[root tip] [How To] Use systemd to mount ANY device

Systemd mounts anything - provided the right information and options.

I have several shares on Synology NAS - using mount and automount. Entering the mount point either by cli or gui mounts within seconds.

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getting this.:

● nas-home.mount - NAS SMB home share
     Loaded: bad-setting (Reason: Unit nas-home.mount has a bad unit file setting.)
     Active: inactive (dead)
      Where: /data/smb/home
       What: //<IP>/home/

Okt 13 19:52:00 Workstation systemd[1]: nas-home.mount: Where= setting doesn't match unit name. Refusing.
Okt 13 19:53:42 Workstation systemd[1]: nas-home.mount: Where= setting doesn't match unit name. Refusing.
Okt 13 19:53:45 Workstation systemd[1]: nas-home.mount: Where= setting doesn't match unit name. Refusing.
Okt 13 19:54:34 Workstation systemd[1]: nas-home.mount: Where= setting doesn't match unit name. Refusing.
Okt 13 19:54:36 Workstation systemd[1]: nas-home.mount: Where= setting doesn't match unit name. Refusing.
Okt 13 19:54:38 Workstation systemd[1]: nas-home.mount: Where= setting doesn't match unit name. Refusing.
Okt 13 19:55:06 Workstation systemd[1]: nas-home.mount: Where= setting doesn't match unit name. Refusing.
Okt 13 19:55:09 Workstation systemd[1]: nas-home.mount: Where= setting doesn't match unit name. Refusing.
Okt 13 19:55:11 Workstation systemd[1]: nas-home.mount: Where= setting doesn't match unit name. Refusing.
Okt 13 19:56:16 Workstation systemd[1]: nas-home.mount: Where= setting doesn't match unit name. Refusing.

Read the message - then read the rules on unit naming - also see the sample units

Even sshfs ? I am really looking forward to test this.

yup - also sshfs

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wow this is great. :slightly_smiling_face:

Any idea if automount works under “–user” as well? Or it’s strictly privilege thing.

I’ve read something on fedora wiki that it might be set up under root which is sad as I can use Fuse to mount things without needing to modify the system.

I remember trying - but could not get it to work - probably my own fault - but not investigated further as my use is satisfied by the system mount.

You might add that you can generate the correct unit name using systemd-escape(1):

To generate the mount unit for a path:

$ systemd-escape -p --suffix=mount “/tmp/waldi/foobar/”
tmp-waldi-foobar.mount

Already mentioned

Ahh i didn’t notice, because it was hidden by this:

Maybe put the mentioning of it under the portion i quoted :arrow_heading_up: in the open :wink:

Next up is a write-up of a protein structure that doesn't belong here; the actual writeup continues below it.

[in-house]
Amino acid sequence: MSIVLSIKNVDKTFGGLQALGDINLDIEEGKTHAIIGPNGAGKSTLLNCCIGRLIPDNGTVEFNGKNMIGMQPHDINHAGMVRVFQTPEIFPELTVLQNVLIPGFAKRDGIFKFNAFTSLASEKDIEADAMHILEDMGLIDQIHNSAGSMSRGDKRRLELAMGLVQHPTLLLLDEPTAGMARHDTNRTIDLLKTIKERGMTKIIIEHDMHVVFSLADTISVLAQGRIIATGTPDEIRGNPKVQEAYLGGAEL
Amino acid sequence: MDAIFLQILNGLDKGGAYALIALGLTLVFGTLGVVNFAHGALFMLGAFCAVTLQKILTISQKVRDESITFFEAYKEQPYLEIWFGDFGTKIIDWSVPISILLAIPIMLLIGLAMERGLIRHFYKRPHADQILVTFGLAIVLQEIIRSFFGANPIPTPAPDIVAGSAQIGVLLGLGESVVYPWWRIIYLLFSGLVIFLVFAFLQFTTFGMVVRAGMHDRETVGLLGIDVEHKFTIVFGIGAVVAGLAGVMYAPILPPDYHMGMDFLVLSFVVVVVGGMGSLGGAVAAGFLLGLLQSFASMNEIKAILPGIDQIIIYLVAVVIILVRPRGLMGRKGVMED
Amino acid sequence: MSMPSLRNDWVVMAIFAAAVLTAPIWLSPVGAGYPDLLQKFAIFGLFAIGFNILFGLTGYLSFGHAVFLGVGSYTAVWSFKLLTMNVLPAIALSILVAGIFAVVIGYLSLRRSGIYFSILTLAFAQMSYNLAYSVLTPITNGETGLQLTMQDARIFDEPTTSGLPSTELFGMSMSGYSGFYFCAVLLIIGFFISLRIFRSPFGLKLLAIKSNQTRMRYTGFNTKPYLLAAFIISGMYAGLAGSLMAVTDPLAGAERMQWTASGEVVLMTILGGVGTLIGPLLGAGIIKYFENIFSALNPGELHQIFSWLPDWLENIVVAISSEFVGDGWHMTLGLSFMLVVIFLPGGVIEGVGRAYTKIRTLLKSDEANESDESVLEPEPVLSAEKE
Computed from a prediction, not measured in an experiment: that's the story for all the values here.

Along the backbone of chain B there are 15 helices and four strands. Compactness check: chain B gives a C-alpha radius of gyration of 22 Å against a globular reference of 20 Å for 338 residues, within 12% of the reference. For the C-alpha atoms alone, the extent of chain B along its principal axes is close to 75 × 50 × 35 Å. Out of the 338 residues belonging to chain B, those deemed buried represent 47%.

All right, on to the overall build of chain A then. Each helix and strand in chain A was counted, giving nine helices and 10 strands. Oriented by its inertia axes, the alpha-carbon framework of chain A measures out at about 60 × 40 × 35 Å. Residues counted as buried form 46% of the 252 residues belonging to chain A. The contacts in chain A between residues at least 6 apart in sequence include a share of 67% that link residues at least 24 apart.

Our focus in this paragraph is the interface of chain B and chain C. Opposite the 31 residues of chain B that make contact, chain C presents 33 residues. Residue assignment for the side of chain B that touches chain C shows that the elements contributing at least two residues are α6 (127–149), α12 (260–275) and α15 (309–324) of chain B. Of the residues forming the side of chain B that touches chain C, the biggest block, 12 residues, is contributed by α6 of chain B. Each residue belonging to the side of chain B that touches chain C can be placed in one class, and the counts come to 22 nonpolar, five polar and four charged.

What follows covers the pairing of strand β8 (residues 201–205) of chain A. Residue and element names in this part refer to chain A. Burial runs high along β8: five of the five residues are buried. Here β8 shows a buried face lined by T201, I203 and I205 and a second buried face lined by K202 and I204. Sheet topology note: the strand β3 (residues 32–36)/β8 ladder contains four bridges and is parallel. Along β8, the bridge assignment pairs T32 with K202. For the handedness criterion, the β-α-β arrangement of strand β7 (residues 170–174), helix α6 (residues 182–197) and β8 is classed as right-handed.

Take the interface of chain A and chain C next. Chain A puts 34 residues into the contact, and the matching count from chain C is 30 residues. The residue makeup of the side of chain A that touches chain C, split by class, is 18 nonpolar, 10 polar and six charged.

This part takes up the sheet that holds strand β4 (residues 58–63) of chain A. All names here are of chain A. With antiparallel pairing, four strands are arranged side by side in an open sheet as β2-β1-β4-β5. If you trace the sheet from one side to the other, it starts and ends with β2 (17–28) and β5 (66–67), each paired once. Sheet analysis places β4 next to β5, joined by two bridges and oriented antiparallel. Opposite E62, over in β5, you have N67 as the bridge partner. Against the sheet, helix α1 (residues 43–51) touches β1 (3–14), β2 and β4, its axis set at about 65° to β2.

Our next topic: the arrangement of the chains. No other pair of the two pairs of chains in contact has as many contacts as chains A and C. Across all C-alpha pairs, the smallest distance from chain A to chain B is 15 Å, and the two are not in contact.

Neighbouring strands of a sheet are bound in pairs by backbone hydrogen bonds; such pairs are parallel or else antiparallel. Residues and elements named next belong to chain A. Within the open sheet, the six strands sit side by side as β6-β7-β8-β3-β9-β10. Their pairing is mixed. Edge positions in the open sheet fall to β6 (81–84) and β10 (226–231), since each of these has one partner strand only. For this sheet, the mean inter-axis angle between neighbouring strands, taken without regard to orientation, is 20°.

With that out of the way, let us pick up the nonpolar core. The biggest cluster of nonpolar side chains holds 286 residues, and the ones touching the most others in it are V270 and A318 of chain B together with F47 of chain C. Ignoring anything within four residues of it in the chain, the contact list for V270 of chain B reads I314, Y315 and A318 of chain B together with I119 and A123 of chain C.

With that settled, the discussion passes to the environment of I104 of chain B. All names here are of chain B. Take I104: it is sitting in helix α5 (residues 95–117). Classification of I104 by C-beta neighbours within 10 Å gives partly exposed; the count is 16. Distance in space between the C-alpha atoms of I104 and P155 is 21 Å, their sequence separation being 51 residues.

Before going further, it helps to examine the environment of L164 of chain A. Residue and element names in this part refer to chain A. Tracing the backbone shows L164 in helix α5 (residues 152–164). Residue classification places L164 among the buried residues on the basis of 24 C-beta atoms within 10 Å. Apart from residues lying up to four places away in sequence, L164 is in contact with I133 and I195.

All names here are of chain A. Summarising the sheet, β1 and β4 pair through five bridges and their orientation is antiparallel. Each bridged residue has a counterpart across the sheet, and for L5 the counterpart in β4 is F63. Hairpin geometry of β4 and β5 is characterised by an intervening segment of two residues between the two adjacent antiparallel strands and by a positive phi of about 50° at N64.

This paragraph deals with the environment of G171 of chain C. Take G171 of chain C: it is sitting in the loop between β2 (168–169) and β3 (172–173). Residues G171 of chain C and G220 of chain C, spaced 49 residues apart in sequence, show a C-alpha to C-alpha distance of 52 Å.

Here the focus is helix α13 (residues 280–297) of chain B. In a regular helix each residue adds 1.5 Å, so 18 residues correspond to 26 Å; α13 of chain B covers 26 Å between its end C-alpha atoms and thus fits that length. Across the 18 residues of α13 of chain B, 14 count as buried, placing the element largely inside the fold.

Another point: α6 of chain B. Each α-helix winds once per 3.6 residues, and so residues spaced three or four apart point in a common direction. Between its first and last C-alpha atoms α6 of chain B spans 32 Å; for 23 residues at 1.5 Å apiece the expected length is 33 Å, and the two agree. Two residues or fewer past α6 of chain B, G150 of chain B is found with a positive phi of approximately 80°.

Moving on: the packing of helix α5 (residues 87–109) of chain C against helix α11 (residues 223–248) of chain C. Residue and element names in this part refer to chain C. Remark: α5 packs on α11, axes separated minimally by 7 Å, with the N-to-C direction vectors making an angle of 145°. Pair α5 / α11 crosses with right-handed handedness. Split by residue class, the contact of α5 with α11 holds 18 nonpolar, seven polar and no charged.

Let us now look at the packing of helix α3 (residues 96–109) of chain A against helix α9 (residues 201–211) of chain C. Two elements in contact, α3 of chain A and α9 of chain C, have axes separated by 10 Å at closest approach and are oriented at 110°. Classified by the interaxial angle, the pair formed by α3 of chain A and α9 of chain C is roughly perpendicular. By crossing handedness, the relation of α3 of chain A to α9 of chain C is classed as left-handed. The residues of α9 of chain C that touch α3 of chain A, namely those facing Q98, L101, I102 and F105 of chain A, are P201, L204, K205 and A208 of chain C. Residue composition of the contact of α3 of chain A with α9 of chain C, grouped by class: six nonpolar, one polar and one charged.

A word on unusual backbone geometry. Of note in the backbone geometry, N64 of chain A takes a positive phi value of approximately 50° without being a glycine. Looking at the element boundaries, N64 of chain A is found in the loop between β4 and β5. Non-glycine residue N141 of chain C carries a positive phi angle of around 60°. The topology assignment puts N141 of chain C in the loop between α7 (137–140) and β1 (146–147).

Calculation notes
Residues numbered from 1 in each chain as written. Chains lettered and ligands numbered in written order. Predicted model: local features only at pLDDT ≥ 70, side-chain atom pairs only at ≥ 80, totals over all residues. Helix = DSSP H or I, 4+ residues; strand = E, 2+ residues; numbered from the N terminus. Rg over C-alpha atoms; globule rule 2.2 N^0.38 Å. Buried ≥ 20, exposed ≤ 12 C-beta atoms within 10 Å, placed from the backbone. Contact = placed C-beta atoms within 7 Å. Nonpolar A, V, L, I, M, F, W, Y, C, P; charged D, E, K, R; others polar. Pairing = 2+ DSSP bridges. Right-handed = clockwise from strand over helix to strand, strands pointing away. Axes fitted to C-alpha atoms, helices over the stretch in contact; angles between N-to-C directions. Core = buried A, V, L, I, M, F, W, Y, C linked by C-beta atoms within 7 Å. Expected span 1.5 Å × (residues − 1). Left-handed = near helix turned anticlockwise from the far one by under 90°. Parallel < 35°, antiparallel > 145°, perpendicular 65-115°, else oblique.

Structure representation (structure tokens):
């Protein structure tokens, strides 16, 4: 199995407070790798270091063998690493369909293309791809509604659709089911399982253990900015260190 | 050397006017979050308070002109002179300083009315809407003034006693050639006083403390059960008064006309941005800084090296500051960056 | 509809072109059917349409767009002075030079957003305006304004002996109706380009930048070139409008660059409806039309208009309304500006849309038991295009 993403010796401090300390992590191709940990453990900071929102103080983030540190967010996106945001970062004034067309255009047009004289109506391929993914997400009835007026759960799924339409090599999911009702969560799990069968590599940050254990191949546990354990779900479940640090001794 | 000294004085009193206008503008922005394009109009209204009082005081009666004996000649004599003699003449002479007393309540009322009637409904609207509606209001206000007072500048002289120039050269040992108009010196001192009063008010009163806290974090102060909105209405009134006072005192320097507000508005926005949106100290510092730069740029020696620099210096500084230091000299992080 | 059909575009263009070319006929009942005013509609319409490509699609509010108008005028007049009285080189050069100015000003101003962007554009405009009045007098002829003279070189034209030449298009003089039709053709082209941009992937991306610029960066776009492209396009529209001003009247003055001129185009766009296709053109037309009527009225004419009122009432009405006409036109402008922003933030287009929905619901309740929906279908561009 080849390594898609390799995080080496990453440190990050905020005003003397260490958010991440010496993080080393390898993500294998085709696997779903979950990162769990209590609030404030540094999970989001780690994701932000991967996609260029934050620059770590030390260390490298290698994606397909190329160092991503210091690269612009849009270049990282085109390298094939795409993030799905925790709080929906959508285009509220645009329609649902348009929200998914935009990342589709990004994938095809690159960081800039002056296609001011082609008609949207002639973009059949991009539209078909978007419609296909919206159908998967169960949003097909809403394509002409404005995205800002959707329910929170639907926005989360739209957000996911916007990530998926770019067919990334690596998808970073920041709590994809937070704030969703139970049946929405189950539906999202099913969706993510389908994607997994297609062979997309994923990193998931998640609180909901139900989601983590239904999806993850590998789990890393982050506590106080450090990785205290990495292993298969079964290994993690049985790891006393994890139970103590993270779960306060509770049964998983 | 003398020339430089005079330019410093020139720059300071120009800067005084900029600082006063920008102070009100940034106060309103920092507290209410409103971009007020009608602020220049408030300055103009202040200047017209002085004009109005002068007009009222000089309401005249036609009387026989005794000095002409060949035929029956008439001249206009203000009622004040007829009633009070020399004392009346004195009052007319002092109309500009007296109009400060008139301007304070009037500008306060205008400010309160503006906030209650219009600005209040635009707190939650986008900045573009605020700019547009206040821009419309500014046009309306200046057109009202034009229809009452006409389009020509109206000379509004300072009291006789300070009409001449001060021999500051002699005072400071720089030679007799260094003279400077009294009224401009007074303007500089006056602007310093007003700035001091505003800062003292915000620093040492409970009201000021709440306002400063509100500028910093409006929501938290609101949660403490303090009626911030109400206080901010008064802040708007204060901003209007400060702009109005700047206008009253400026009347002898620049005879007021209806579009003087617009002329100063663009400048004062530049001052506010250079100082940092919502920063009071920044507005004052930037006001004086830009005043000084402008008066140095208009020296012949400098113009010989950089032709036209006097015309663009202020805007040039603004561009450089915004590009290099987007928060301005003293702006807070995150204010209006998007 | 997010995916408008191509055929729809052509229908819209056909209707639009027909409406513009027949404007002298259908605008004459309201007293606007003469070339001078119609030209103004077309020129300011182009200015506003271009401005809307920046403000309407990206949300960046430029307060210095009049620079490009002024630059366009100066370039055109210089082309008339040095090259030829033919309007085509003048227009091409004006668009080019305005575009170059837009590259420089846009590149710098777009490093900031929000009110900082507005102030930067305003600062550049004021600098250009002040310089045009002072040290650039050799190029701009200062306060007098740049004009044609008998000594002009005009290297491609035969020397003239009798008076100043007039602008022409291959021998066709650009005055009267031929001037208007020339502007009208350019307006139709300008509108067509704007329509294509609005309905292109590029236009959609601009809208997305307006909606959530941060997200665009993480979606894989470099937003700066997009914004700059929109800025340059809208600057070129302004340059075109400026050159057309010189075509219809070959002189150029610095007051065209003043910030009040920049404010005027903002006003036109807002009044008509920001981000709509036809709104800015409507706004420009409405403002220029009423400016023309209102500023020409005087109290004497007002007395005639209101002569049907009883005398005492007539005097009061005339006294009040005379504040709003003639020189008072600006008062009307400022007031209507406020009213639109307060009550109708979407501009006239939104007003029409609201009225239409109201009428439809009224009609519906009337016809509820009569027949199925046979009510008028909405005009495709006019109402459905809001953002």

How about, once a device is set up (using gnome-disks or fstab) we simply

  1. copy the file from /run/systemd/generator to /etc/systemd/system/
  2. Hash # it from fstab, save/exit fstab
  3. systemd to enable?

I like easy shortcuts. Obviously the automatically generated file isn’t quite up to scratch… tidying up and editing now.

Initially, systemd didn’t like my file and politely declined. However, after a tidy up it seems to be fine - after a reboot, then deleting the hashed lines from fstab it’s automagic.

Thanks for the guide.

However, I did keep the /mnt/T3 and /mnt/T4 paths (as there’d be a few issues raised by changing the path) and I’m curious if there’s really any reason or benefit to create a new folder (/sata for example) to mount my whirly disks?

Well - it is not a problem - as long as you know what you are doing - and you appear to do so.

My recommendation on folder structure is what it is - a recommendation from a long time sysadmin - with autistic treats :slight_smile:.

You know the saying - only a genius can make reason out of chaos - just look at my desk - what a mess.

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Lolz but it’s a nice guide - no problems after setting up my systemd mounts, thanks for that :wink:

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2 posts were split to a new topic: Systemd mount unit error

6 posts were split to a new topic: Troubleshooting mount unit naming

A post was split to a new topic: Where do I start - it all seems difficult to learn

6 posts were split to a new topic: Mount unit failure after moving to ssd

thank you SO MUCH for this. its working fine up to now and it’s not as scary as messing with the fstab file

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